July 21, 2018

Layoffs expected at GlobalFoundries

Cioffi: ‘They might be hiring in other areas’

GlobalFoundries in Essex Junction. File photo by Sam Heller/VTDigger

By Alexandre Silberman

For VTDigger

GlobalFoundries announced plans last week to begin a worldwide workforce reduction of 5 percent, with the goal of minimizing redundancies from prior mergers.

Spokesperson Steve Grasso declined to specify the impact of layoffs at the compay’s Essex site. The plant currently has about 2,500 employees. A 5 percent cut would mean 125 workers could lose their jobs.

The semiconductor manufacturer, which makes chips for cellphones and other electronic devices, acquired the site from IBM in 2015.

In a statement, GlobalFoundries said a significant portion of job losses will come from a “voluntary separation program.”

The reduction is “designed to improve our global cost structure and minimize redundancies that have accrued from previous mergers and acquisitions,” the statement said. “A workforce reduction is challenging for any organization and we do not take this action lightly. We are confident that these changes will position us to build a solid foundation for sustainable growth and continue investing for the future.”

Meanwhile, the company is simultaneously advertising job openings. A “We Are Hiring” banner is hanging on its sign along Route 2A in Essex.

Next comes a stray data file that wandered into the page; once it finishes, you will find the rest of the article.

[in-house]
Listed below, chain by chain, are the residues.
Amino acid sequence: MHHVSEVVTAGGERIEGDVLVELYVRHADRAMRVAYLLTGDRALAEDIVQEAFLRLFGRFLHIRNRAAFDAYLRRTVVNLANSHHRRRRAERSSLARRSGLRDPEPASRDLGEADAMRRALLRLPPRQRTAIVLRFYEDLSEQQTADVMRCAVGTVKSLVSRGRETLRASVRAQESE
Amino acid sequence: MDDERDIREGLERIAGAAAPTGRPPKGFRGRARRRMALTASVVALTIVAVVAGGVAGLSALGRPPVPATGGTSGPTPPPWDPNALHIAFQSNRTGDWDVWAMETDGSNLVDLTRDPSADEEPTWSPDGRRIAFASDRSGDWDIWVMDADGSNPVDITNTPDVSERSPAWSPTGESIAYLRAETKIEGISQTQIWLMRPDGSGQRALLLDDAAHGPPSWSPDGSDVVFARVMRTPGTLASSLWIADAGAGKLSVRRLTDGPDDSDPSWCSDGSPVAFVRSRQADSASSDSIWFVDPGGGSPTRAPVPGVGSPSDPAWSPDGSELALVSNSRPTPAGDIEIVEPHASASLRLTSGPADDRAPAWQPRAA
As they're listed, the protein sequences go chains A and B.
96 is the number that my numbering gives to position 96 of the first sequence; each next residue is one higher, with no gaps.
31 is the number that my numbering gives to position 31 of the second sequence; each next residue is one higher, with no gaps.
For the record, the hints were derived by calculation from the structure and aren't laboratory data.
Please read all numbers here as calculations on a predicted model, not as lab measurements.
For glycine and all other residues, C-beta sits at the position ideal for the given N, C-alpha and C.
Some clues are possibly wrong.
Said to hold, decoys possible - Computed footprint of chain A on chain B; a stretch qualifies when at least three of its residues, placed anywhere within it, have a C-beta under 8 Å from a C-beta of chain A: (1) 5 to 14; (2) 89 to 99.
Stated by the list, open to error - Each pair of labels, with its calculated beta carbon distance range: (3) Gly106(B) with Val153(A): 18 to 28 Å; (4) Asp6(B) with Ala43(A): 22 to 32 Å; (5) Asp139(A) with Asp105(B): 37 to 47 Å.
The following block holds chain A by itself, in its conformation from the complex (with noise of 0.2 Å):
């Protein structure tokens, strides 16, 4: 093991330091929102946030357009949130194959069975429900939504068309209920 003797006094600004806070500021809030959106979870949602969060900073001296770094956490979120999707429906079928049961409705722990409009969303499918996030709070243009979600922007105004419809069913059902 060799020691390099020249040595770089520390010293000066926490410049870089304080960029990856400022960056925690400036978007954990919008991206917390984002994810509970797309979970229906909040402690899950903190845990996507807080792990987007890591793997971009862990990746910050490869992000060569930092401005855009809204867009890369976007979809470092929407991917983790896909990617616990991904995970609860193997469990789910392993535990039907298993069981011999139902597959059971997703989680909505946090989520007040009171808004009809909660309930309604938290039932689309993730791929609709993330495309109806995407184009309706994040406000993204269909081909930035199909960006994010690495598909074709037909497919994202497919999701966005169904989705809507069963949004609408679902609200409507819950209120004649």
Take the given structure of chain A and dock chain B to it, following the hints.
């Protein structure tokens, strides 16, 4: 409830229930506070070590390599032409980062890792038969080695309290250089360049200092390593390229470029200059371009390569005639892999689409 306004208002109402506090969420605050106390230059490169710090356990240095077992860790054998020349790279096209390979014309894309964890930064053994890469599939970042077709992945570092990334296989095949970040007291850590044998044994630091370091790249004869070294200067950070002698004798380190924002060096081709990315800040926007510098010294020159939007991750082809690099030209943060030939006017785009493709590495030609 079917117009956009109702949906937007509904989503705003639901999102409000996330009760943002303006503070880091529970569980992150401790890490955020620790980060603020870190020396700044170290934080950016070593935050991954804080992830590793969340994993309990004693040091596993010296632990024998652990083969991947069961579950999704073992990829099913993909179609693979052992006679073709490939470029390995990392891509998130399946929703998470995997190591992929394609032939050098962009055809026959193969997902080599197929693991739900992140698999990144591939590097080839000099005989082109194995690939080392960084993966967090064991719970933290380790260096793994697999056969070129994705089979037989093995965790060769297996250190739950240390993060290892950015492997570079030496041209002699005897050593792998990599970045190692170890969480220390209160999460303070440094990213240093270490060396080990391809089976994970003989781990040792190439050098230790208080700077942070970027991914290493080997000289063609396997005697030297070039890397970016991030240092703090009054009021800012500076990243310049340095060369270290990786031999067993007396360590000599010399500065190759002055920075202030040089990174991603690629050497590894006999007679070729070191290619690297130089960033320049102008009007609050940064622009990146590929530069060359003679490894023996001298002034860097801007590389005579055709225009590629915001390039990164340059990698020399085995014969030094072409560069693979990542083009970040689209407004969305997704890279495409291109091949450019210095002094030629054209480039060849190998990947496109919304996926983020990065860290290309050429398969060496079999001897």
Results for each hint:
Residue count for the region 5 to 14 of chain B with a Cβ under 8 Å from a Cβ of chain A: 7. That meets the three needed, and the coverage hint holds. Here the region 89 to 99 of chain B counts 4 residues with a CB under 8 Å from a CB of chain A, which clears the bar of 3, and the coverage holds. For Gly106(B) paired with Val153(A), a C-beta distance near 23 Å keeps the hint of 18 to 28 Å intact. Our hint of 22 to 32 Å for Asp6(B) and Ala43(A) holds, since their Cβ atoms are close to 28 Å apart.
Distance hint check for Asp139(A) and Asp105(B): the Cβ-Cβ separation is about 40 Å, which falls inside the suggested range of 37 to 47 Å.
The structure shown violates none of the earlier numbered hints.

“I think GlobalFoundries is doing really well here,” said Frank Cioffi, president of the Greater Burlington Industrial Corporation, which focuses on economic and workforce development in Chittenden County. “If they have layoffs, they might be hiring in other areas.”

GlobalFoundries is based in Santa Clara, Calif., and owned by the investment firm Mubadala, which is owned by the government of Abu Dhabi, in the United Arab Emirates.

The company has manufacturing facilities in Singapore, Germany and upstate New York.

Cioffi said laid-off employees should be optimistic about their opportunities in the Vermont job market.

“We never like to see anybody get laid off or lose their job, but the labor market is doing well here,” he said. “If you want to work and have decent skills, you are going to be able to find a position. There are thousands of jobs.”

Michael Harrington, the Vermont Department of Labor’s deputy commissioner, said the state has not received a formal notice from GlobalFoundries about layoffs, but has been in discussions with company executives.

“We have talked with them, and we have told them that we’re here to support them in whatever they need,” Harrington said.

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